The argument that celebrities should not get involved in politics because their presence makes politics less legitimate is often raised. That is not a fair stance. Celebrities are first and foremost human beings and most likely citizens of their country and have the right to vote and participate in democracy as any other citizen does. Yes, their celebrity can afford them a platform and a voice that is heard by more people than an average person; however, that cannot and should not deny them the right to speak about issues that affect society. This includes elections. It is important to remember that outside of their characters and albums, celebrities are regular people who could be and are affected by the outcome of elections. An example of this would be LGBTQ+ celebrities who, under a Trump administration, could risk losing their right to marry a loved one.

Robert De Niro raised eyebrows when he took part in a non-partisan video to encourage people to vote by not exactly being non-partisan, and calling out Donald Trump. Some of his words were, “This is somebody that we want for president? I don’t think so. What I care about is the direction of this country and what I’m very, very worried about is that it might go in the wrong direction with someone like Donald Trump.  If you care about your future, vote for it.” De Niro received criticism for not remaining non-partisan and using unsavoury language to describe Trump and his platform. In his defence, he did not beat Trump’s insulting remarks and actions against women, Latinos, Muslims and other minorities. His critics would state that he failed to respect the non-partisan nature of the video and did not meet the intended goal to encourage Americans to head out and vote for their future. I think the second criticism is incorrect. De Niro made the exact arguments he felt were important to encourage people to vote and understand the urgency of the election.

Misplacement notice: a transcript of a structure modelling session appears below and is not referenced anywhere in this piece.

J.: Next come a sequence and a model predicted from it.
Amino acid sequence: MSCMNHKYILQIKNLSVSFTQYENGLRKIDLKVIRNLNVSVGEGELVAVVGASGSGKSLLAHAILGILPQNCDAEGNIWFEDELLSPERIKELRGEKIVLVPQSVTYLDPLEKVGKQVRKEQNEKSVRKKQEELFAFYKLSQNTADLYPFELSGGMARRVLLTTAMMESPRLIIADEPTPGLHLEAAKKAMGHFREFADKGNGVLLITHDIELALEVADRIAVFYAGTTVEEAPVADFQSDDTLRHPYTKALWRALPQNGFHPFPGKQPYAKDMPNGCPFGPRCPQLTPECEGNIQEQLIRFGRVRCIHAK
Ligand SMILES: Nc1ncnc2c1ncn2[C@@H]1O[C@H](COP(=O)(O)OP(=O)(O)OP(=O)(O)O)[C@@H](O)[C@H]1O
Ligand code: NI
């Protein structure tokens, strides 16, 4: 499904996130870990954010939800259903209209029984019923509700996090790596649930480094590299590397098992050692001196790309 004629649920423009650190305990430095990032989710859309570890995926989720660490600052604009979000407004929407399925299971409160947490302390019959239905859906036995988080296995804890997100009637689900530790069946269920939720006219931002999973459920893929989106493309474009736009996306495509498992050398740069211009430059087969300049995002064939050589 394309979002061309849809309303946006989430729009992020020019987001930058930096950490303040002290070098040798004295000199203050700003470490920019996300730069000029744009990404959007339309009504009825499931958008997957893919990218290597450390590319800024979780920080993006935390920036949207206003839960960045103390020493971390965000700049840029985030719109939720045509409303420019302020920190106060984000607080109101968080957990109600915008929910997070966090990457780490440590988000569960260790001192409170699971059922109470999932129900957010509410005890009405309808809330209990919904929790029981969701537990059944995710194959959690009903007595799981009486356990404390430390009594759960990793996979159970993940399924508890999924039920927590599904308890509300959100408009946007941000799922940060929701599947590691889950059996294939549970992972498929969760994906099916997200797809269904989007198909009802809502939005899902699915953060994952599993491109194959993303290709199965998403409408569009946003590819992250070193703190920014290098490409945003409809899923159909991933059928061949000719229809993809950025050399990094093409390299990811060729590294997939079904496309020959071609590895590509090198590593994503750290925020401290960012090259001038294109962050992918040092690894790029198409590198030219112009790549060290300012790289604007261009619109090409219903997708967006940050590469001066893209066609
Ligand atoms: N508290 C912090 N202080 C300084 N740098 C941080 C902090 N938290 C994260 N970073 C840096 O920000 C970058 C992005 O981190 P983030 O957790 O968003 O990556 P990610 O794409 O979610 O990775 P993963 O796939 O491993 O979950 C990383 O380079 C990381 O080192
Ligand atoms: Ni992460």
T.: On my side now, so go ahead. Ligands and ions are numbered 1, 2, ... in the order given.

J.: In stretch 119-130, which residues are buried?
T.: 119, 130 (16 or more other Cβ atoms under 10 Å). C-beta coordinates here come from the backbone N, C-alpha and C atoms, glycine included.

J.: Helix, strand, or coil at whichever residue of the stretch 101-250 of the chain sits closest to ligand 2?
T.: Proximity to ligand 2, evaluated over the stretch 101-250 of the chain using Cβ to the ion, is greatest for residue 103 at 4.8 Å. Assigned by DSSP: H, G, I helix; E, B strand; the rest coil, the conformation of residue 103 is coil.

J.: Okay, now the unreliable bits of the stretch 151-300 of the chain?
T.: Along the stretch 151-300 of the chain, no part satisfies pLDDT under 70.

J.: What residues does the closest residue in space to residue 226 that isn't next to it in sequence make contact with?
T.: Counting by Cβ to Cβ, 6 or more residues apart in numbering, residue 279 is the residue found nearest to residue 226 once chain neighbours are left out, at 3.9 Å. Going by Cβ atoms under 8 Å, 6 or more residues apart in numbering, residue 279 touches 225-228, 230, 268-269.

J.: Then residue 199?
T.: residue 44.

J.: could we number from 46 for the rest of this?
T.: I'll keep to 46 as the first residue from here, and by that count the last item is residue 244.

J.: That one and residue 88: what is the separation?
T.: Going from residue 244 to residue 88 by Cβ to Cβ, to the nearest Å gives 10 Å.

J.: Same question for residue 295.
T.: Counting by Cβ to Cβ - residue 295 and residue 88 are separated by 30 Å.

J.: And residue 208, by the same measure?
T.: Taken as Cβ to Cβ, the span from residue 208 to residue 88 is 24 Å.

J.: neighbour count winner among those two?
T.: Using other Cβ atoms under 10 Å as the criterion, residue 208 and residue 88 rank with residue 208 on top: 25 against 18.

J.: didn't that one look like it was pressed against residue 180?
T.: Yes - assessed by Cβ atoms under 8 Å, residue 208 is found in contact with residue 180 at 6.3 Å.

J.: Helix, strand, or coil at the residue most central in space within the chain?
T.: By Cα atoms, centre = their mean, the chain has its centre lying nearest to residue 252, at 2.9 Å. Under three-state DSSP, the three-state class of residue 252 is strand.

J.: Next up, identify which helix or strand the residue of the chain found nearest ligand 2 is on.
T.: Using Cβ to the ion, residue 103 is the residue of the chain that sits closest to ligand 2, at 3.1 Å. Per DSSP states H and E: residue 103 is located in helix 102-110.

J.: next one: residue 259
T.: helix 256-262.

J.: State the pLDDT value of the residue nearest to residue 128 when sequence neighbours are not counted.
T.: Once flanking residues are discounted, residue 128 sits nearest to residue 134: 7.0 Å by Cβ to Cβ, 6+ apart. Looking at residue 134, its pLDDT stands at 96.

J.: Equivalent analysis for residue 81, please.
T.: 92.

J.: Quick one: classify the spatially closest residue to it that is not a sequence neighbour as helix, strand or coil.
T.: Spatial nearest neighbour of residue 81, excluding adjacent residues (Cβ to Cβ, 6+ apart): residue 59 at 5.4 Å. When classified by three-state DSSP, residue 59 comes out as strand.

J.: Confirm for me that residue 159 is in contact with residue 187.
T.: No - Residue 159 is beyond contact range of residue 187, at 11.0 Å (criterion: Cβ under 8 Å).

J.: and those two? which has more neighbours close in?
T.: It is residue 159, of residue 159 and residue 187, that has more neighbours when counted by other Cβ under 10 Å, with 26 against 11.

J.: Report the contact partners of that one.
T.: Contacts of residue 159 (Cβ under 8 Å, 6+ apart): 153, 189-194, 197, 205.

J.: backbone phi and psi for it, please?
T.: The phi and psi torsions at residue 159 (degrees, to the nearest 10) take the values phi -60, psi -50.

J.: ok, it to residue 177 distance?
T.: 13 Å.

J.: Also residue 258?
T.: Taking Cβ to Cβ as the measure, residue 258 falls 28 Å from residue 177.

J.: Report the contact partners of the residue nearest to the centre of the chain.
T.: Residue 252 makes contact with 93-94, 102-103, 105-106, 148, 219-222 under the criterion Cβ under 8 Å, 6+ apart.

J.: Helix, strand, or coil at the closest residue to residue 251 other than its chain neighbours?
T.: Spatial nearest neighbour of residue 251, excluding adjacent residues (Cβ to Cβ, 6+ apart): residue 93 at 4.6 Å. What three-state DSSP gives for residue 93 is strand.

Despite Clinton’s electoral loss, celebrity endorsements and involvement will not stray away from politics. Art of any form is always political. A testament to that belief lies in the recent address to Vice President-elect Mike Pence from the cast of Hamilton. With growing traction and support for a Tom Hanks or Kanye West 2020 presidential candidacy, as well as with a reality television show celebrity in the White House come January 20, 2017, America has not seen the last of celebrity action in politics.

Leave a Reply

Fill in your details below or click an icon to log in:

WordPress.com Logo

You are commenting using your WordPress.com account. Log Out /  Change )

Google photo

You are commenting using your Google account. Log Out /  Change )

Twitter picture

You are commenting using your Twitter account. Log Out /  Change )

Facebook photo

You are commenting using your Facebook account. Log Out /  Change )

Connecting to %s